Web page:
In my opinion, it’s when EM’s take their charge to mean more than that that we get the dictatorial exercise of power that people so rightfully fear. The decisions about systemic change in a community belong to the residents and the elected officials, and a good EM would be smart to recognize when the voice of the citizens should speak louder than whatever distant enabling legislation led them to that community in the first place.
Why don’t you introduce yourself Conan Smith. Husband of state Sen. Rebekah Warren, D-Ann Arbor, boss of local know it all Murph.
“Mark, your point about EM’s not being charged with developing sustainable strategies for a city’s turn-around is the most critical one to me.”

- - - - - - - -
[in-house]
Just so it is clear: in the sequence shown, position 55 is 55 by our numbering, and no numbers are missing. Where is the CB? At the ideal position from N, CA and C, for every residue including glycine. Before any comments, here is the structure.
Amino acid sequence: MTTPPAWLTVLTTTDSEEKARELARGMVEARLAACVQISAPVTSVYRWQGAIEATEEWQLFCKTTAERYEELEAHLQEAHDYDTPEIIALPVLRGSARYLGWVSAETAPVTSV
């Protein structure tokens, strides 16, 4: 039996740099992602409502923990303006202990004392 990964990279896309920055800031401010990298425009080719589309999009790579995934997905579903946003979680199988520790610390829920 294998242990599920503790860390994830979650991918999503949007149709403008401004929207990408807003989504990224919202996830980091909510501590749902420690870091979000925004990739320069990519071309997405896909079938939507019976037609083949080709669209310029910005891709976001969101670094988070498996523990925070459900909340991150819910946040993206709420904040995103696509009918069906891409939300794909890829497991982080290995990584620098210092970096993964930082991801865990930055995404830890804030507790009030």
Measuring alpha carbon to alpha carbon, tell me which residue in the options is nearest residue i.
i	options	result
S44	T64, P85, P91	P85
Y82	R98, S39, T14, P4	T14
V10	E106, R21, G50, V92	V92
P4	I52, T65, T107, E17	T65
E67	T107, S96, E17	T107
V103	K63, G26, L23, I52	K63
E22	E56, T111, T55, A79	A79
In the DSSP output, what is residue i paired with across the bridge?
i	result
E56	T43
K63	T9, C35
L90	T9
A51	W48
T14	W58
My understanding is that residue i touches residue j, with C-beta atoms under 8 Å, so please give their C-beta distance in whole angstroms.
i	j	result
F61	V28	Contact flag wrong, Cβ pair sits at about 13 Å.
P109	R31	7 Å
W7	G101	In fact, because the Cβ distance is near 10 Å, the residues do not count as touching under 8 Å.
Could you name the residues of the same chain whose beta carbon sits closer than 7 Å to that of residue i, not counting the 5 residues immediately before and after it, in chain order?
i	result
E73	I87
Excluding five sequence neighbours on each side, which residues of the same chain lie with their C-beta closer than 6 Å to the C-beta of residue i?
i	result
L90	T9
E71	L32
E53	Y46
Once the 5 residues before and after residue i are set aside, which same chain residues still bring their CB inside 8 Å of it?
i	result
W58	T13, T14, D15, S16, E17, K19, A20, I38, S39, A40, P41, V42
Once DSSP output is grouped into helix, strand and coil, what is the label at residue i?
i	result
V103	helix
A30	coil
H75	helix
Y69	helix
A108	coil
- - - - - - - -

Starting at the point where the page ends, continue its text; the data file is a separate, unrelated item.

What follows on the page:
That’s why I have spent my time figuring out sustainable strategies for Ypsi. But I will keep these sustainable strategies secret, hoping the citizens of Ypsi are stupid enough to believe my bullshit.
“The long-term fiscal health of a city depends not on some quick-fix tricks like divesting assets or restructuring contracts, but on a community committing to a path to prosperity that may take decades to travel.”
So you feel our pain? That’s nice.
“The EM is decidedly not the individual to set that course — thank our lucky stars.”
Conan Smith started things off. In addition to being the chair of the Washtenaw County Board of Commissioners, he is the Executive Director of the Michigan Suburbs Alliance, representing suburban cities that ring the metro Detroit area. Smith has gone on the record as generally in support of Public Act 4 saying: